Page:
Countries Repeat Vows to Keep Focus on Jobs Leaders of G-7 Nations Agree That Most New Employment Will Come from Companies Who Are Smaller and Willing to Take Risks

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THE Group of Seven (G-7) industrial nations ended an unprecedented two-day international jobs conference Tuesday by declaring that it has for the first time made unemployment a top item on its agenda.

The G-7 "is opening a brand new chapter by focusing on the one economic issue of most importance to the peoples of all the nations represented at this conference: how to create high-wage jobs," United States Vice President Al Gore Jr. told a press conference Tuesday.

Rather than just monitor the performance and management of its economies, the group has said it will discuss the structures of its economies as well, according to officials at the conference.

"This will be looked back upon, I am convinced, as one of the most important turning points in the post-war dialogue between the United States and the other industrialized nations," Mr. Gore said.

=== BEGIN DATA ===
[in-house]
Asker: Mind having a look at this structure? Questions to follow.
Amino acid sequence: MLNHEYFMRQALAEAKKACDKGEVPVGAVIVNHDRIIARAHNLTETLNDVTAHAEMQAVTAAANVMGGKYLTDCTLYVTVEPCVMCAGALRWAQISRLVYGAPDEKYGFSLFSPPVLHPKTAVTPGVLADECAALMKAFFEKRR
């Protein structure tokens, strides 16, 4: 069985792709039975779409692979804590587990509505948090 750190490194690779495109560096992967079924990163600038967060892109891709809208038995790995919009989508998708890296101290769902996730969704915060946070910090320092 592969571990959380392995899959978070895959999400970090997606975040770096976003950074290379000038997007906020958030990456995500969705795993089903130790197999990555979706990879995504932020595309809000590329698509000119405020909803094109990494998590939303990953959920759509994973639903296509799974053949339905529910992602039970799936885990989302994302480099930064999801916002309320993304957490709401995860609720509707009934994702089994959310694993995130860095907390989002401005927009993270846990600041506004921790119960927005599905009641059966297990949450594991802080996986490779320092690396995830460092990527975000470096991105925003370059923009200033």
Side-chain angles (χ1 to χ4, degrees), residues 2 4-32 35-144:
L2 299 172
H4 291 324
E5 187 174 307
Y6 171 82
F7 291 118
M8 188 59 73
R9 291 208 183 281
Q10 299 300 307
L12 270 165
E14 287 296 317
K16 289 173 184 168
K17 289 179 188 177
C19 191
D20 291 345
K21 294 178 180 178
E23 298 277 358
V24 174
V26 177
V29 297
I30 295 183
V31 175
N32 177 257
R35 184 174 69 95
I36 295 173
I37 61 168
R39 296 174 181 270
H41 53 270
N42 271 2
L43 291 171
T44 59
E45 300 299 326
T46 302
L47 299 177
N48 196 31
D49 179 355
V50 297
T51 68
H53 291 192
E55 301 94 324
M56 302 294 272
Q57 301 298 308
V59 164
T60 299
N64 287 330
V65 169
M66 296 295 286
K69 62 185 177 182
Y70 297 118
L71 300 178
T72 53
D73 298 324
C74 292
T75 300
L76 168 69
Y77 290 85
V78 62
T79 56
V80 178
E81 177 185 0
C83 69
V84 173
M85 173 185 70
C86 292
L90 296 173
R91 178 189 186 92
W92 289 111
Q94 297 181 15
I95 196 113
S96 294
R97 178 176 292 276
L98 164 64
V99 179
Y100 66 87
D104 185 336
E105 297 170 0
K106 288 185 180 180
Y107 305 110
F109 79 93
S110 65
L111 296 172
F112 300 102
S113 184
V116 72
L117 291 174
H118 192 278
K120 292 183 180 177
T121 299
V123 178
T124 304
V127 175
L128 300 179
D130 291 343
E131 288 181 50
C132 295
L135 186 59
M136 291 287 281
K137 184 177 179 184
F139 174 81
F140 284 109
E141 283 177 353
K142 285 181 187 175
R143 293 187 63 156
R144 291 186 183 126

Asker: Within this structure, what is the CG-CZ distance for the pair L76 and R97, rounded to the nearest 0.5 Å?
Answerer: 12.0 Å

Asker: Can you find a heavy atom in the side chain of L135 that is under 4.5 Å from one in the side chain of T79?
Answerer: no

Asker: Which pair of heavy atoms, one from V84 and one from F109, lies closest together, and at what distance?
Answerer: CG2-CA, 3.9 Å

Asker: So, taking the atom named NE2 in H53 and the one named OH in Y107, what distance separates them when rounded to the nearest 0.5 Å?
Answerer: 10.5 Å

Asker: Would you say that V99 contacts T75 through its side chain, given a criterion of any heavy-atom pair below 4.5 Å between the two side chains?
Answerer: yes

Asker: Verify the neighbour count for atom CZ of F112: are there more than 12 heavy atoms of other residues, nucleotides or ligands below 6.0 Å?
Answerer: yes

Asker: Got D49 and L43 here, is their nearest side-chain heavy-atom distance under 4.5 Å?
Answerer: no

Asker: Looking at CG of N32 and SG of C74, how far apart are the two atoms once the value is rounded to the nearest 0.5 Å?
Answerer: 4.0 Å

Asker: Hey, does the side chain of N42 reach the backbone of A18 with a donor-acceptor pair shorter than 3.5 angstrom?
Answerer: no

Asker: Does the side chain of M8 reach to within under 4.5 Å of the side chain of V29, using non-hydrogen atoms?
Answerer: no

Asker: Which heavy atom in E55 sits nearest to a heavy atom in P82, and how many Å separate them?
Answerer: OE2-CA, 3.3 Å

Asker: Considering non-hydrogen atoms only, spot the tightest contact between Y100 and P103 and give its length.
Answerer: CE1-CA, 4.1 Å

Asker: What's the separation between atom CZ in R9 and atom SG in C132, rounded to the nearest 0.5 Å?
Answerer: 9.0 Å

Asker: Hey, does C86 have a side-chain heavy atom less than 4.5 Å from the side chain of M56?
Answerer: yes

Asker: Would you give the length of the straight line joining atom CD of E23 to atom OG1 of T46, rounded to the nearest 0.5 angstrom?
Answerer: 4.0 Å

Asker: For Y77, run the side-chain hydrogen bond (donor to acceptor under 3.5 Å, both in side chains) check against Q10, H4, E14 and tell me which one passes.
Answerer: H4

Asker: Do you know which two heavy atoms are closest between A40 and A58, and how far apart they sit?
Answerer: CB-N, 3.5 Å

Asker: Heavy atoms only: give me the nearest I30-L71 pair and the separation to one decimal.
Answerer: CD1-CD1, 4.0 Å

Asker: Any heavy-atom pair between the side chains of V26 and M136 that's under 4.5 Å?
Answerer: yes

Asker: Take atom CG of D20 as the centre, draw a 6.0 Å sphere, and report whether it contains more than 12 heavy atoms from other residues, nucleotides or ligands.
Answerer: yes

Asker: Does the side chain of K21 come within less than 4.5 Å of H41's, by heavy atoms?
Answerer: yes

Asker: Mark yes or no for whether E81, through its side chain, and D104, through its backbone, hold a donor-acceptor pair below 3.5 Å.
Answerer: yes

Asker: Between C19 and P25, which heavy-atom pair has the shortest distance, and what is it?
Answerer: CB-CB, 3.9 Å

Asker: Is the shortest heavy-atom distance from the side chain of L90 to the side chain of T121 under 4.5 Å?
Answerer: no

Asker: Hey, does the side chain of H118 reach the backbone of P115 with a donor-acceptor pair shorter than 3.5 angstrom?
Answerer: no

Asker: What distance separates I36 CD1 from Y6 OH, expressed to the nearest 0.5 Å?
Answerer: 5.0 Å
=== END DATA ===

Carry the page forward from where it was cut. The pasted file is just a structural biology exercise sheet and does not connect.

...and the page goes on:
Finance, labor, and economics ministers from Canada, France, Germany, Italy, Japan, Britain, and the US stressed the need to accelerate the diffusion of technology and to train workers for high-tech jobs. More than 10 percent of the work force in Canada, France, Italy, and Britain is jobless.

But the G-7 member states did not agree on specific programs to reduce the ranks of unemployed workers. G-7 leaders say they will take up the issue in Naples, Italy, at their annual meeting in July.

The government officials rallied around one point: the high returns of sparking the growth of emerging enterprises. "It {is} clear that small and medium-sized companies need to be encouraged because of their potential for creating jobs," US Treasury Secretary Lloyd Bentsen said in a statement summarizing the two-day conference. This sentiment was echoed by the other delegates.

"The great bulk of jobs are going to come from small and medium-sized companies involving the new technologies that have a tremendous capacity to create new employment," said Canadian Minister for Human Resources Lloyd Axworthy. …


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